Lawn to Garden Convert - Removing Grass

colliwobblesMarch 15, 2007

Hi everyone,

I was hoping that someone can give me a little advice on removing grass from a lawn. I need to start planting within the next few weeks, so I don't have time to waste.

My original plan was to kill the grass with Round-Up, till once dead, add compost, till again, and then plant and mulch. I'm worried about this method now because I'm afraid the ground won't get dried out enough in the next few weeks to till it.

The other idea was to use a sod cutter, and I was wondering if any of you have experience with this method? Would I be able to cut the sod out sometime in April, or does the soil have to be dried out to a certain degree also?

As a last resort, I will cover the grass with newspaper and add 6" to 8" of soil, but I'd rather not go this route.

Thanks for ANY advice you can offer!

- Jana

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Embothrium(USDA 8 Sunset 5 WA)

Sod cutter, if available from nearby rental agency is like a tall and heavy tiller. If you can get one and get it there, operate it successfully it does slice the grass right off nicely. If you don't line up each pass perfectly there will be narrow strips of uncut grass but should any of these be left you can get those with a hand tool afterward.

The cut sod can be laid upside down in a low spot somewhere, as fill or otherwise utilized where some soil is needed. If you stack it upside down, with the sides close together there actually isn't a huge problem with it growing. If the edges manage to continue development those could be sprayed or covered with something that blocks the light.

Yard waste totes aren't supposed to have sod put in them and you will have too large an amount anyway. They may also be prohibiting sod at transfer stations here now, but I'm not sure.

    Bookmark   March 15, 2007 at 1:48PM
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lilydude

I had the exact same problem last Spring. I covered the lawn area with black plastic for three weeks. After that, the lawn was dead, and the soil was in good shape for tilling, since the plastic kept the rain out, and helped warm up the soil. Also, the dead grass foliage and roots add organic matter when you till it in. The grass has not come back.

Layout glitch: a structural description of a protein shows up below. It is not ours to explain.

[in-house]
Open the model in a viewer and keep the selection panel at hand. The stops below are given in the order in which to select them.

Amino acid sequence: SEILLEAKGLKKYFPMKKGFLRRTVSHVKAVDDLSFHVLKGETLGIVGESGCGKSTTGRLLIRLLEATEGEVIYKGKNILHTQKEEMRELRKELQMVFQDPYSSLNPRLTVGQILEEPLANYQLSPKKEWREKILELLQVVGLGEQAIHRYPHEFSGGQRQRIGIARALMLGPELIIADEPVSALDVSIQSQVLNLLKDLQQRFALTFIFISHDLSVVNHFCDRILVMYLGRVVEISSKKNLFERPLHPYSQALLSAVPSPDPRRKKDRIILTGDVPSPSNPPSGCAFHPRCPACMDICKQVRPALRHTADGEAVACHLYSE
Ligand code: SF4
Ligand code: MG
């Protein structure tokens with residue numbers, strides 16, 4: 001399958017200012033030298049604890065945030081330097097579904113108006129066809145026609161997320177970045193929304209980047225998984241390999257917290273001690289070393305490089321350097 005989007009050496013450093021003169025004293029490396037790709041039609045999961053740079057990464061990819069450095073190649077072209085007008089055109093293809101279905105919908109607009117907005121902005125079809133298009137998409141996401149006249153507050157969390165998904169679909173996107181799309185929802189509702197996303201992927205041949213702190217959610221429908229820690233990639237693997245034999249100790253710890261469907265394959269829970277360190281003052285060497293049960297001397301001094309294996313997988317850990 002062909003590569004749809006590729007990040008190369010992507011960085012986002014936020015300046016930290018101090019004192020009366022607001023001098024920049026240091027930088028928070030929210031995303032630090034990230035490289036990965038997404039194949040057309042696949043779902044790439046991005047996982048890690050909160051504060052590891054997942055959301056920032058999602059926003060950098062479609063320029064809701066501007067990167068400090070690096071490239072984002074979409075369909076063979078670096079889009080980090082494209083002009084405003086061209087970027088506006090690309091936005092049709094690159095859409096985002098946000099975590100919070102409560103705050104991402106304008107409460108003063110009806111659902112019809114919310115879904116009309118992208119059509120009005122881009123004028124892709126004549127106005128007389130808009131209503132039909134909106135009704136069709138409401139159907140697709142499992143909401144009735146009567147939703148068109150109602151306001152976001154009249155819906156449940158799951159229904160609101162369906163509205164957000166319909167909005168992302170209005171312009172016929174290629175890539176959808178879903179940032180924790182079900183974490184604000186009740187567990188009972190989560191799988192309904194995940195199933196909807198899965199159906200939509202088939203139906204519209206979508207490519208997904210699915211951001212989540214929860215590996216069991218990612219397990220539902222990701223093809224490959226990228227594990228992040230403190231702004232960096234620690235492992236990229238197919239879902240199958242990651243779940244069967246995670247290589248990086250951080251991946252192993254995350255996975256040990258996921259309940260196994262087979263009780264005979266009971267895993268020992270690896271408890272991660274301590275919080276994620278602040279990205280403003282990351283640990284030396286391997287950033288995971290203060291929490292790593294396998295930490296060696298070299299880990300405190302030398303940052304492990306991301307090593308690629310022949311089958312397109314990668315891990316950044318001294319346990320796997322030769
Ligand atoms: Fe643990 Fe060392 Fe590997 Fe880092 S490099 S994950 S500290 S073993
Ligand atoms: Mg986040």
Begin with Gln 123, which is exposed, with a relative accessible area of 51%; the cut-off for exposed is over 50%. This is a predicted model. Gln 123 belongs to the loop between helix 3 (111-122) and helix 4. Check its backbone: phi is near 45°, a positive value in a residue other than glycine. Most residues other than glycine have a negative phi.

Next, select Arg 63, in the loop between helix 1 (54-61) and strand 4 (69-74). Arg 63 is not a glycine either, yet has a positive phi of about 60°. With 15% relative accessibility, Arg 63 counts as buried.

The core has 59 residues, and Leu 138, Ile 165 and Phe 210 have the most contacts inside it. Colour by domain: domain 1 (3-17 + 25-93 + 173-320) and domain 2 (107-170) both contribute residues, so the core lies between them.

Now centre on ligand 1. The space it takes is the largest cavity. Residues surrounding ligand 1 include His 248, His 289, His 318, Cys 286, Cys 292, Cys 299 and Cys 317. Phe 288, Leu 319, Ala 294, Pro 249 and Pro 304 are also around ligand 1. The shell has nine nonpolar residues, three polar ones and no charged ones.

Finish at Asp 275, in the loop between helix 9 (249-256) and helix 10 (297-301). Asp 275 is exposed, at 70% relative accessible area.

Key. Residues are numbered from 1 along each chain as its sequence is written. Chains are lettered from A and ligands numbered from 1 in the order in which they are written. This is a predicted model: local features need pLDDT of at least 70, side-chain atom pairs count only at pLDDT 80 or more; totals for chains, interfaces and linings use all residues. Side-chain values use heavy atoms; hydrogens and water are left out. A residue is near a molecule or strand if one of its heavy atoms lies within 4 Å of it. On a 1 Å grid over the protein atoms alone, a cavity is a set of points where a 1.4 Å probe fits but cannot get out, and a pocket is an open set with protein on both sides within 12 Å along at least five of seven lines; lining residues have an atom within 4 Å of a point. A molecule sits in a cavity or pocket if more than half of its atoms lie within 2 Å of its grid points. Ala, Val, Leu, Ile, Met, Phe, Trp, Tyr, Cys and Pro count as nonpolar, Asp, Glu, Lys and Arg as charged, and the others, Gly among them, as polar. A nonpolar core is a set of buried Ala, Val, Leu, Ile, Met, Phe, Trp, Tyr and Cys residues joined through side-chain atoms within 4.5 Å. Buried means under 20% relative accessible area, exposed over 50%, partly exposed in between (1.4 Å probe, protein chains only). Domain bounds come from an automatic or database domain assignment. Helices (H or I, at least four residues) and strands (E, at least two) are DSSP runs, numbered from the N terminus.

Bookmark   March 16, 2007 at 1:34AM
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azehav(7/8 Oregon)

Yes, Roundup is completely unnecessary, terrible for the Willamette River, and not so good for you. I have gotten rid of grass several ways:
1. mowed it down as low as the machine will go, and then turned it under, putting compost on top of it.
2. Sheet mulching: putting down a layer of cardboard and newspaper and then piling compost, clippings, etc. on top and then turning it under after a few months.
3. removing the grass with sod cutter or shovel. You can post your grass on freecycle.org, or craigslist.org and sometimes folks will haul it away for you. It makes great compost, if you have the patience. Our sod was used by a neighbor to build up a planting bed in his parking strip. It looks great.

    Bookmark   March 19, 2007 at 2:13PM
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grrrnthumb(z8 WA)

I think your last resort is actually the best resort. I really don't think doing all the extra work will really give you any big benefit.
In our last house, my wife converted large areas of grass into flower beds by just covering with 6 layers of newspaper and 6" of pure Cedar Grove compost. Wow! Those were the best beds we've ever had. Weed and grass free and everything grew like gangbusters in there with less watering. Easy as pie to get started. I highly recommend it.

    Bookmark   March 19, 2007 at 7:45PM
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JAYK(8b)

There are many ways to prepare your site for your intended purpose, but it should be made clear that Roundup is not "terrible for the Willamette River". While some pesticides commonly present off site movement risks and problems, Roundup is not typically one of them. Its property of binding tightly to soil particles as well as other factors are well known and distinguish it from easily moved herbicides such as atrazine. This is one reason glyphosate based herbicdes are commonly used for invasive plant removal in sensitive areas such as streamsides.

    Bookmark   March 20, 2007 at 1:57AM
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colliwobbles

Thanks everyone for your input.

After stressing out about the grass too much, I decided on the lasagna method. I was then stressing about finding enough newspaper to cover the grass, but then discovered that I could just order newsprint from a paper company for a decent price.

My dilemma now is deciding what to use for the layers, but that shouldn't be too hard. I'll get compost for sure, and maybe peat. Now, if it would just stop raining...

    Bookmark   March 21, 2007 at 11:18AM